22. 22. Issues for Product Development <ul><li>Important techniques to design a product: </li></ul><ul><li>Robust design </li></ul><ul><li>Modular design </li></ul><ul><li>Computer-aided design </li></ul><ul><li>Computer-aided Manufacturing </li></ul><ul><li>Virtual reality technology </li></ul><ul><li>Value analysis </li></ul><ul><li>Environmentally friendly design </li></ul>OPM 533 3-
  23. 23. Robust Design <ul><li>Product is designed so that small variations in production or assembly do not adversely affect the product </li></ul>OPM 533 3-
  24. 24. Modular Design <ul><li>Products designed in easily segmented components. </li></ul><ul><li>Adds flexibility to both production and marketing </li></ul>OPM 533 3-
  25. 25. <ul><li>Designing products at a computer terminal or work station </li></ul><ul><ul><li>Design engineer develops rough sketch of product </li></ul></ul><ul><ul><li>Uses computer to draw product </li></ul></ul><ul><li>Often used with CAM(Computer Aided Manufacturing). </li></ul>Computer Aided Design (CAD) OPM 533 3- © 1995 Corel Corp.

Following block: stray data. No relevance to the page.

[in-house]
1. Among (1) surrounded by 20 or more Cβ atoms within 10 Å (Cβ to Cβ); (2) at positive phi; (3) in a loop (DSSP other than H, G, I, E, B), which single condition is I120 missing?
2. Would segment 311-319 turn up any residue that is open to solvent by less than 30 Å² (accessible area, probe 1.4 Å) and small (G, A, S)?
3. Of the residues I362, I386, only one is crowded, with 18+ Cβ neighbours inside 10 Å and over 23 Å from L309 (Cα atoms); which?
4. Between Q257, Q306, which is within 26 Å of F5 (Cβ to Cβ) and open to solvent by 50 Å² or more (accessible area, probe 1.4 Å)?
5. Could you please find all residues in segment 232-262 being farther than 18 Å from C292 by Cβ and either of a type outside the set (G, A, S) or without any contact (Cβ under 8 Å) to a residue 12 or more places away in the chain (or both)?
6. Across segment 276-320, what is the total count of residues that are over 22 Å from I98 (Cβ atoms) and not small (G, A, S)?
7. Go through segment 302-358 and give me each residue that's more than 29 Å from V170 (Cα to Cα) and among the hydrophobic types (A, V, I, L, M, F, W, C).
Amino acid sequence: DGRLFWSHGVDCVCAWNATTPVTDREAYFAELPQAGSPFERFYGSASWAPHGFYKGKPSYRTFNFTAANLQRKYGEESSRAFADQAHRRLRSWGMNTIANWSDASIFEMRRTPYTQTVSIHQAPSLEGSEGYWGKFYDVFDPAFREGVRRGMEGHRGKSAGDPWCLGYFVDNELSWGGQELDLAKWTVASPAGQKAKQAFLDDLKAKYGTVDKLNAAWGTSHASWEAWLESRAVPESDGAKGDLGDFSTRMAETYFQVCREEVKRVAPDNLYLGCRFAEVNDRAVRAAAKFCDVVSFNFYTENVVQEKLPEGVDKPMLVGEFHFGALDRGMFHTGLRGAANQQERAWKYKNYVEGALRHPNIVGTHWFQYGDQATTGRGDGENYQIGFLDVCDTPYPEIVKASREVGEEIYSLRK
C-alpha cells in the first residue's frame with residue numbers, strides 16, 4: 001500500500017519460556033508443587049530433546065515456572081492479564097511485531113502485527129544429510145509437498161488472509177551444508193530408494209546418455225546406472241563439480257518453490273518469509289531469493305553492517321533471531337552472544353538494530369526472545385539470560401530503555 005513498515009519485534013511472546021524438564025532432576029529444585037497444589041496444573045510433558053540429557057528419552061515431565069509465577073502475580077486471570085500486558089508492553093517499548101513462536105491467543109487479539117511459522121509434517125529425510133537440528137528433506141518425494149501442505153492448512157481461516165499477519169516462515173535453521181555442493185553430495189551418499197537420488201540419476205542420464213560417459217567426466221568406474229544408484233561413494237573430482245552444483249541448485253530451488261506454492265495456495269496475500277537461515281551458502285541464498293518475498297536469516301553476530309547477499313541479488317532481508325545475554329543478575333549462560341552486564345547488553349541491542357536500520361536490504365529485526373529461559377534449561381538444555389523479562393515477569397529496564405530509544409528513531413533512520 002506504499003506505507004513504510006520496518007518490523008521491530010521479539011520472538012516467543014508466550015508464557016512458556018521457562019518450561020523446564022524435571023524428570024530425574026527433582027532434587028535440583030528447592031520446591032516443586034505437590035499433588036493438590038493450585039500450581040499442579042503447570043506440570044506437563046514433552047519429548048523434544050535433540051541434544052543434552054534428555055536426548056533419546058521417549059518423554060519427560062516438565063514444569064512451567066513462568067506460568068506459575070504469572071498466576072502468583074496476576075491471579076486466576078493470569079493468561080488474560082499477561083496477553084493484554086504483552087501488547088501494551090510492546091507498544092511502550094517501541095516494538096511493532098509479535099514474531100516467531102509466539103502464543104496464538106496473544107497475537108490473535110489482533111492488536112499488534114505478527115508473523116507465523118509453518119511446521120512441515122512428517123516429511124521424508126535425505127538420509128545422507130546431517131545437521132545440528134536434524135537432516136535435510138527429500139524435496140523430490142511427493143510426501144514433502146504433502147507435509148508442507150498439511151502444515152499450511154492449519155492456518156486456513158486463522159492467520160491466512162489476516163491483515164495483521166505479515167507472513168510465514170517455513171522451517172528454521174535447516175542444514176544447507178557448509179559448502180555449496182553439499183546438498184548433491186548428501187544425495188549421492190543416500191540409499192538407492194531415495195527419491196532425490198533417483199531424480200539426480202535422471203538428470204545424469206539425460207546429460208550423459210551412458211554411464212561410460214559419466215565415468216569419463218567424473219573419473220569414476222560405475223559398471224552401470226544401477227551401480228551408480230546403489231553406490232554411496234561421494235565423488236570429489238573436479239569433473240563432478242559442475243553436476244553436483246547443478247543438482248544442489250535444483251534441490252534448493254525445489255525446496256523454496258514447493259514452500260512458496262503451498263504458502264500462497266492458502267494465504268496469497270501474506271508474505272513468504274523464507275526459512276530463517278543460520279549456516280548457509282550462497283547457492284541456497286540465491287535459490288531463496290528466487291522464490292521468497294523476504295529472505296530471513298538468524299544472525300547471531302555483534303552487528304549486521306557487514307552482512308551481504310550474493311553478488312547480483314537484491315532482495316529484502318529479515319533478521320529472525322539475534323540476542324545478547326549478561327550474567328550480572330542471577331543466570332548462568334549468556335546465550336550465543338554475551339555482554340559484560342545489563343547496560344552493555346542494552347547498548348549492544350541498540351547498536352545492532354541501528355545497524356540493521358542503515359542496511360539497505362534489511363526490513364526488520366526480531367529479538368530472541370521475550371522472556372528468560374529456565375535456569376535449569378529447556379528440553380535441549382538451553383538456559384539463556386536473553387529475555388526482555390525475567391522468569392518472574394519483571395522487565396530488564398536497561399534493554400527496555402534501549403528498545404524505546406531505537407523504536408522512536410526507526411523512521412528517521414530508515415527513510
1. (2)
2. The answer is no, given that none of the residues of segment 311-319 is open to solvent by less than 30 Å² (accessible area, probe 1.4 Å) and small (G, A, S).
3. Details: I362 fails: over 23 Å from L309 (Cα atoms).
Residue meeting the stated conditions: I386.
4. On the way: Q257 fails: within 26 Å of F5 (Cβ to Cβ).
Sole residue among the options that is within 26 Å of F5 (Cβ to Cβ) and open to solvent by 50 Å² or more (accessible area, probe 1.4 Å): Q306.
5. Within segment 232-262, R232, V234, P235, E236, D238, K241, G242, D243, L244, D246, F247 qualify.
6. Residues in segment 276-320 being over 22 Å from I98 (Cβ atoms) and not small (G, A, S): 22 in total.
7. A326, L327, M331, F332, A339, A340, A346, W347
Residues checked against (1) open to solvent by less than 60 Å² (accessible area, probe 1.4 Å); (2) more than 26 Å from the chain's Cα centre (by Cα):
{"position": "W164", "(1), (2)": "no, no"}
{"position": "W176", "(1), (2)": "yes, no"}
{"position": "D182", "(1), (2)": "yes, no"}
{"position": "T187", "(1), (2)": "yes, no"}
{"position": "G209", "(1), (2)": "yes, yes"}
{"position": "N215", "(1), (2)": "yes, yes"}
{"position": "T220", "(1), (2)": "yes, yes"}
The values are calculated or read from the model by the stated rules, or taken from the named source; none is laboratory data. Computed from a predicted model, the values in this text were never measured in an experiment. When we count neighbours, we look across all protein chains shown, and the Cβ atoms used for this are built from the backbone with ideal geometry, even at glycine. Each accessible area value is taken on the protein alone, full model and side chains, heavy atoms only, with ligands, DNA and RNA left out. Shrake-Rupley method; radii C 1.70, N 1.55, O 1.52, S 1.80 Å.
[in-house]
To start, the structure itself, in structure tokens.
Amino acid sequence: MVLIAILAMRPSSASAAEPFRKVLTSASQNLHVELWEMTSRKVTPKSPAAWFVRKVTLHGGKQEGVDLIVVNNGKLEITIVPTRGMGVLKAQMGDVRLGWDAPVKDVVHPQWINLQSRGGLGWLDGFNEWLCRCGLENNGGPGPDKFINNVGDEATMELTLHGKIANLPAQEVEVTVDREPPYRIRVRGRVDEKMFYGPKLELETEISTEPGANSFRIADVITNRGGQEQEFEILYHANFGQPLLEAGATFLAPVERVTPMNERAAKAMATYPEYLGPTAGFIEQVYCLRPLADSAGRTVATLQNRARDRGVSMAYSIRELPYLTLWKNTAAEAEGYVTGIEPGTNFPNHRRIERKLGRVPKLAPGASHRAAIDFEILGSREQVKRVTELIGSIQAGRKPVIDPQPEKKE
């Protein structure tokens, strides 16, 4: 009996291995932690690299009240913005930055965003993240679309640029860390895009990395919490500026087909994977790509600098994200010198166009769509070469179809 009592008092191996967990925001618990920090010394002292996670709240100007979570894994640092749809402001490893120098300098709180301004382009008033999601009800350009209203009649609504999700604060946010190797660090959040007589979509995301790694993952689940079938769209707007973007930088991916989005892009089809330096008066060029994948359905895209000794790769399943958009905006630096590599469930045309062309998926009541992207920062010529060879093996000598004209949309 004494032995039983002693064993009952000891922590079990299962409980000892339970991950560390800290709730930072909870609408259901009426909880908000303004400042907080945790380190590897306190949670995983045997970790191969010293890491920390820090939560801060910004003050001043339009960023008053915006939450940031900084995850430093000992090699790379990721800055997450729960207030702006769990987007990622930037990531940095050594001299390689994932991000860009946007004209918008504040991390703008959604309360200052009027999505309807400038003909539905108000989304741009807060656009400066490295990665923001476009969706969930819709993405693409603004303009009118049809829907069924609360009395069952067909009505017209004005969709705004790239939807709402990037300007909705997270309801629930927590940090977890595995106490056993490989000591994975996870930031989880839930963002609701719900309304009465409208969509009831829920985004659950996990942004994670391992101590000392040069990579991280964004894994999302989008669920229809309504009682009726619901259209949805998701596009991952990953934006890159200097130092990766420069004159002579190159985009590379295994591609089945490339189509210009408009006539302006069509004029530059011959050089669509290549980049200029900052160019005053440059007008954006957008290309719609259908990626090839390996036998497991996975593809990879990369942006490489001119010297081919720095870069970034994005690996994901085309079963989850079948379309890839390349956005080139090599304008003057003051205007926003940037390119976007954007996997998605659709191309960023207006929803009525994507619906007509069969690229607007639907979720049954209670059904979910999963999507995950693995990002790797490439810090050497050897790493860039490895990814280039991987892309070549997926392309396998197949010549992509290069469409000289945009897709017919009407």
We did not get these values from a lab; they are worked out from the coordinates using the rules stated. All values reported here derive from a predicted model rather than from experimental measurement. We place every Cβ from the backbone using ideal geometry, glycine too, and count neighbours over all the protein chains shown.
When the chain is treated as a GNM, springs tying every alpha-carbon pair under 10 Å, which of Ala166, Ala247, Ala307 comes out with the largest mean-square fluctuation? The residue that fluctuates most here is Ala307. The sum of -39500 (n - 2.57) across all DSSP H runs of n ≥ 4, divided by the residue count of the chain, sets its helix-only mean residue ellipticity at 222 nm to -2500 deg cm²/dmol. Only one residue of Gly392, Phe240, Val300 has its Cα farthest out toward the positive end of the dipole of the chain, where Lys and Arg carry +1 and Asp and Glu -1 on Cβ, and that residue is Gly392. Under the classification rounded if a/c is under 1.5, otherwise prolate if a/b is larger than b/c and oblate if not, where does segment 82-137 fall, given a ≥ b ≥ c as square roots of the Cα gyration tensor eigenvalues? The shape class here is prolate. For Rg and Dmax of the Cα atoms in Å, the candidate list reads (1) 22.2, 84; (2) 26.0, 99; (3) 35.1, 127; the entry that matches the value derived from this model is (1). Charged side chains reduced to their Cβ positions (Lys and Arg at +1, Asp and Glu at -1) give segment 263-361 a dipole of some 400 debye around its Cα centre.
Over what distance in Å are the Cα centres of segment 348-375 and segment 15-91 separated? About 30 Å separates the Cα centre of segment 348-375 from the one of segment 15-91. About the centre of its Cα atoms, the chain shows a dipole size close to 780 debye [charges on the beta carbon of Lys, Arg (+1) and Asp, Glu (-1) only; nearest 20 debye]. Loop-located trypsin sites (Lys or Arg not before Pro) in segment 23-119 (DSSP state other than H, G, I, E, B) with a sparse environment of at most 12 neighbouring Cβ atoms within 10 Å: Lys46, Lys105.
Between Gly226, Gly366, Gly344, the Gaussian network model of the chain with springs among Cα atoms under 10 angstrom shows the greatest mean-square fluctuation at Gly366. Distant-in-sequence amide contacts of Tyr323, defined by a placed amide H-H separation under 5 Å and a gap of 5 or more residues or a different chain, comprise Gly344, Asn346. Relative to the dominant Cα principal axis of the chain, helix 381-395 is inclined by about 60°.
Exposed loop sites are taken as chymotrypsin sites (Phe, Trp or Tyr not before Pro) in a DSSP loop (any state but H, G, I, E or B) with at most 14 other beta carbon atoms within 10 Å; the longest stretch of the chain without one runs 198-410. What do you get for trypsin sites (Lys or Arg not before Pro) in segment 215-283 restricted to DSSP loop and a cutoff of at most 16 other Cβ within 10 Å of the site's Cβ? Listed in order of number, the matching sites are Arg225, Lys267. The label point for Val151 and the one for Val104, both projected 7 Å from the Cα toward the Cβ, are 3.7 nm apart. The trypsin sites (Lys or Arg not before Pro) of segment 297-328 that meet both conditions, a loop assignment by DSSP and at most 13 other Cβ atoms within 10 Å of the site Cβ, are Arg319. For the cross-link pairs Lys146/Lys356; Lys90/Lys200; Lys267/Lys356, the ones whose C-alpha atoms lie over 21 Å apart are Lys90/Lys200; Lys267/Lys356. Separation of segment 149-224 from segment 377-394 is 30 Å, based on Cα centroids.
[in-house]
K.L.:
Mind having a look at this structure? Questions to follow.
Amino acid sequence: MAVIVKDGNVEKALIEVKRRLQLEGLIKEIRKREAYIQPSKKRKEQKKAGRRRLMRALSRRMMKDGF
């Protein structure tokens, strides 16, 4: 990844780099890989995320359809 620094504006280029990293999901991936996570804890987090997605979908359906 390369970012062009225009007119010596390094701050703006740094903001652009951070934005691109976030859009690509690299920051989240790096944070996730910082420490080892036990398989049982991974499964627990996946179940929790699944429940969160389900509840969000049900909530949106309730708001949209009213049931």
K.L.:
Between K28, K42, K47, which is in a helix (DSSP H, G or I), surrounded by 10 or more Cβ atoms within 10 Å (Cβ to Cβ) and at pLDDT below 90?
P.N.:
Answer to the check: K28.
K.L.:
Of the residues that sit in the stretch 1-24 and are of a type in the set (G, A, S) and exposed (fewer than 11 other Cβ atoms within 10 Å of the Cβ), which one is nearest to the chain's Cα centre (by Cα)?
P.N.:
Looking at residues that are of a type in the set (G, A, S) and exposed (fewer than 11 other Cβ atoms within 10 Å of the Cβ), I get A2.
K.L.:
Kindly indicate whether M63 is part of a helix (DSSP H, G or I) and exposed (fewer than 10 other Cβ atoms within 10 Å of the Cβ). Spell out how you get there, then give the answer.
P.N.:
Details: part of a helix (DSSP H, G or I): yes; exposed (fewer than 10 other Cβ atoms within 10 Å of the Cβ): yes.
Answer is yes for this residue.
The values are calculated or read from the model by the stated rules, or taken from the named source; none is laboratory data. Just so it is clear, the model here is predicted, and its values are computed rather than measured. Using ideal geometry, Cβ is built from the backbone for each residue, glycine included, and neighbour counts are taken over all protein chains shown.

26. 26. <ul><li>Design for Manufacturing and Assembly (DFMA) </li></ul><ul><ul><li>Solve manufacturing problems during the design stage </li></ul></ul><ul><li>3-D Object Modeling </li></ul><ul><ul><li>Small prototype development </li></ul></ul><ul><li>International data exchange through STEP </li></ul>Extensions of CAD OPM 533 3- © 1995 Corel Corp.
  27. 27. Computer-Aided Manufacturing (CAM) <ul><li>Utilizing specialized computers and program to control manufacturing equipment </li></ul><ul><li>Often driven by the CAD system </li></ul>
  28. 28. <ul><li>Shorter design time </li></ul><ul><li>Database availability </li></ul><ul><li>New capabilities </li></ul><ul><ul><li>Example: Focus more on product ideas </li></ul></ul><ul><li>Improved product quality </li></ul><ul><li>Reduced production costs </li></ul>Benefits of CAD/CAM OPM 533 3-
  29. 29. Virtual Reality <ul><li>Computer technology used to develop an interactive, 3-D model of a product from the basic CAD data </li></ul><ul><li>Allows people to ‘see’ the finished design before a physical model is built </li></ul><ul><li>Very effective in large-scale designs such as plant layout </li></ul>OPM 533 3-